Isometric Drawing Paper

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john

26 Mar, 2023 12:02 PM

Hot off the press: a system for making isometric drawings!

The core system consists of three nodes:

  • iso_paper draws a sheet of "paper" with an isometric grid. You can set:
    • Width - the width of the page
    • Height - the height of the page
    • Gauge - the size of line segments making up the grid (and thus of anything you draw on it)
    • Line color
    • Paper color
    • Clip to page. Check this to trim the gridlines to the edge of the page (faster if unchecked)
  • iso_start sets a new starting point on the isometric paper. You can set:
    • X - units southeast from the origin (negative moves northwest)
    • Y - units northeast from the origin
    • Z - units north of the origin
  • iso_line creates or adds a line segment in a path on the isometric paper. You can set:
    • Angle - an integer from 0 to 5 for North, Northeast, Southeast, South, Southwest, or Northwest
    • Distance - an integer for the length of the line segment in grid units

By itself, iso_paper creates a sheet of isometric grid paper that you can print out and draw your sketches on. When used with the other two nodes, it provides a background to form Nodebox paths and ensures that all lines stay on the grid. A large sheet of paper with a small gauge may take a second or two render if "Clip to page" is checked. The construction process will go a little faster if you leave that box unchecked while building your drawing; you can check the box (or change the gauge or paper size) at any point during the process.

You construct an isometric drawing by snapping copies of these nodes together like lego bricks. Here's how it works:

  • Add an iso_paper node and set the size of your grid.
  • Add an iso_start node and hook the iso_paper node into it. When you render this node it will show the paper with your current position marked as a small black dot. Change the X, Y, and Z coordinates to move that dot.
  • Add an iso_line node and hook the iso_start node into it. Set an angle and distance. When you render this node it will show a blue line segment starting at the position defined in iso_start
  • Option-drag the iso_line node to add another iso_line node. Be sure to connect the PREVIOUS iso_line node into this one, set the angle and direction, and render it. You should now see a two-segment path.
  • Option-drag more iso_line nodes to add more segments. I recommend initially dragging a new copy below and to the left of the previous node; this makes it easy to connect the previous node to the new one. Once they are connected you can drag the new node directly underneath the previous node to form a tidy stack of iso_line nodes.
  • To start a new path, copy-paste a new copy of an iso_start node and hook the end of the previous path into it. When you render this second iso_start node it will show the previous path with a dot for the current position. Change the X,Y, Z coordinates to move the dot to the start of your new path. Then proceed as before: option drag any previous iso_line node under your new iso_start node and hook the new iso_start node into it. Then option-drag more iso_line nodes to extend this second path.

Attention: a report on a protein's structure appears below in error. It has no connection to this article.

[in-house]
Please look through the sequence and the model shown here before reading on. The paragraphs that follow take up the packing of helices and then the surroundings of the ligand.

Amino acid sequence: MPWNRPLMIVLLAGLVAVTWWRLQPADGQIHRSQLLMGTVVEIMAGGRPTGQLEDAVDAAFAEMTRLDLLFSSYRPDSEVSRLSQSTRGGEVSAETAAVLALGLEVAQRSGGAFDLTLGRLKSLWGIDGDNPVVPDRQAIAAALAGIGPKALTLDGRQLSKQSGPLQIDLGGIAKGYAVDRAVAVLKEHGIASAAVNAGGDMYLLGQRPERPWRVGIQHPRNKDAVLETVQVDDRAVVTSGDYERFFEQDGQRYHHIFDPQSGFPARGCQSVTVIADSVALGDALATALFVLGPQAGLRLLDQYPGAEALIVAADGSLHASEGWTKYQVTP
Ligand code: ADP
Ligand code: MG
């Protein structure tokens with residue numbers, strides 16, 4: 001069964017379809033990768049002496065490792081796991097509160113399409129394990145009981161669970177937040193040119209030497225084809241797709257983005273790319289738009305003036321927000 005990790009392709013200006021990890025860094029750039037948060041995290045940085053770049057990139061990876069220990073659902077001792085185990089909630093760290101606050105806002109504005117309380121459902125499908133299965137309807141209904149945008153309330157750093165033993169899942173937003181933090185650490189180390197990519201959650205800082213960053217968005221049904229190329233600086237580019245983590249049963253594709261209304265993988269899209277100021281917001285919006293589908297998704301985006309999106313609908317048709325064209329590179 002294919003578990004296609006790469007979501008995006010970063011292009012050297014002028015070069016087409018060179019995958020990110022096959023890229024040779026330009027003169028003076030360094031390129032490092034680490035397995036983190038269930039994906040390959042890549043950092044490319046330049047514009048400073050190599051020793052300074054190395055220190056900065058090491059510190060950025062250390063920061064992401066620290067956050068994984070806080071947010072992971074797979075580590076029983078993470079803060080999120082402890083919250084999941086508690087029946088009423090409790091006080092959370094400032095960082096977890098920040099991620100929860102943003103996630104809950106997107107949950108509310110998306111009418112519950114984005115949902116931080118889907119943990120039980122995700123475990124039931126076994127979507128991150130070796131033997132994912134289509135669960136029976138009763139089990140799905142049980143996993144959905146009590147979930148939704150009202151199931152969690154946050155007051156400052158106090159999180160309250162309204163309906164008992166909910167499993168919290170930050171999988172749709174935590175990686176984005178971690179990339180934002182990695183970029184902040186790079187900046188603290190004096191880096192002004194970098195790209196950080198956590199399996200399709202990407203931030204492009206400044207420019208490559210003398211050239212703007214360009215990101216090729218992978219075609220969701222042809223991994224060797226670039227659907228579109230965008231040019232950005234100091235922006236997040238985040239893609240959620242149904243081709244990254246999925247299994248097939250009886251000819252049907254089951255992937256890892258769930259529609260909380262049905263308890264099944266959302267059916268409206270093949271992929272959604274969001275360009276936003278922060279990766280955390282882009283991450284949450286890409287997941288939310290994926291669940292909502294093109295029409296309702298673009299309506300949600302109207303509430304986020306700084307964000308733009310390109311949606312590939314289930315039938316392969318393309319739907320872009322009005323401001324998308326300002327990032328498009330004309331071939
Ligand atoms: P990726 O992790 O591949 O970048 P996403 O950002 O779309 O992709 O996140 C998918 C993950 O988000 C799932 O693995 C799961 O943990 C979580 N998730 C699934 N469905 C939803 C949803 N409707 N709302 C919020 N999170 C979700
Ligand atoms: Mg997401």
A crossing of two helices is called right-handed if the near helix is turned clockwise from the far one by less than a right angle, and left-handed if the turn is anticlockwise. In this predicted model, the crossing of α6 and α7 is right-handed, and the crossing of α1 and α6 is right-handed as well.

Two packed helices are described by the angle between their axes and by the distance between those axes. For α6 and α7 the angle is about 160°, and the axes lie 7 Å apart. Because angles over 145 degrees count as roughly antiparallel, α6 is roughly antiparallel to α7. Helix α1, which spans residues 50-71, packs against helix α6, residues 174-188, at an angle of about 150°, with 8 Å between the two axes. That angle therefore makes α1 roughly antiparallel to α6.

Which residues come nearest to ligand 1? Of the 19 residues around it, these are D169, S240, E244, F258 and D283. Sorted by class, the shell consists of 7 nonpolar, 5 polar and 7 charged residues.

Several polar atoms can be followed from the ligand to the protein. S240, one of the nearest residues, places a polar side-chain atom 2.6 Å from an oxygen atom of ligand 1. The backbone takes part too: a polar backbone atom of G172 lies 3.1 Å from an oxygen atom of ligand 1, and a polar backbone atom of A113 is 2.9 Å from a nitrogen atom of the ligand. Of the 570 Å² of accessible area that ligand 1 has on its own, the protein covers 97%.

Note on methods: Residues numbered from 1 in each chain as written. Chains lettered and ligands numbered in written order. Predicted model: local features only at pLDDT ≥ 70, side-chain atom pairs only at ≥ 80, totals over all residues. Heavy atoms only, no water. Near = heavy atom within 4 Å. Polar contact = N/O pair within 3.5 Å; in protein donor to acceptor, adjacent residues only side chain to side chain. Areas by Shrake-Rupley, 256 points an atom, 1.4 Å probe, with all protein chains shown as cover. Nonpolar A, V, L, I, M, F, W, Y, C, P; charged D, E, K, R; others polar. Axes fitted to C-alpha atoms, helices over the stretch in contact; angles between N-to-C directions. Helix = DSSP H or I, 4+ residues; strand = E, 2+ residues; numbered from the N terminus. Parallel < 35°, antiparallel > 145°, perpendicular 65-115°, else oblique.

• Lather, rinse, repeat

At every step of the process you will always be able to see the isometric paper as a reference. Each node passes the paper and the current set of drawing paths onto the next node in the chain. You can render any node to see the progress up to that point (and change angle or distance if you made a mistake). And because the whole thing is one chain, changing the iso_paper settings on the top with automatically update the rest of the drawing.

The attached screenshot shows an impossible triangle drawing I made using this system.

As you can see, there are eight separate paths, each drawn by a stack of iso_line nodes with a different iso_start at the top of each stack. The bottom node of each stack is hooked into the iso_start node at the top of the next stack to form a continuous chain. I was able to construct this drawing fairly quickly by repeating these three motions: option-drag, set parameters, add link to chain.

Because I wanted to add shading, I closed each path (returned to the beginning of each path). If you change to data view you can see that each iso_line node outputs a geometry (the paper) and one or more paths. So, in order to color the paths, I separated them from the paper by simply feeding the last isoline node into a first node to isolate the paper and a rest node to isolate the remaining 8 paths. I then fed those 8 paths into a colorize node and combined them again with the paper.

This system was designed to make drawing on isometric paper as quick and easy as possible. To get the feel for it you have to try it. It's faster to build a drawing than it is to describe how to do it.

I will add iso_paper into the next rev of my node library and include iso_start and iso_line in the demo. To make your own drawing just copy the three core nodes into your project and then option-drag the iso_start and iso_line nodes to make as many additional nodes as you need.

I hope someone out there will actually try this system and report back with any suggestions for improvement. I may add a few additional nodes to draw arcs (which begin and end on the grid), or perform other operations that stay on the grid and handle the paper.

Enjoy!

John

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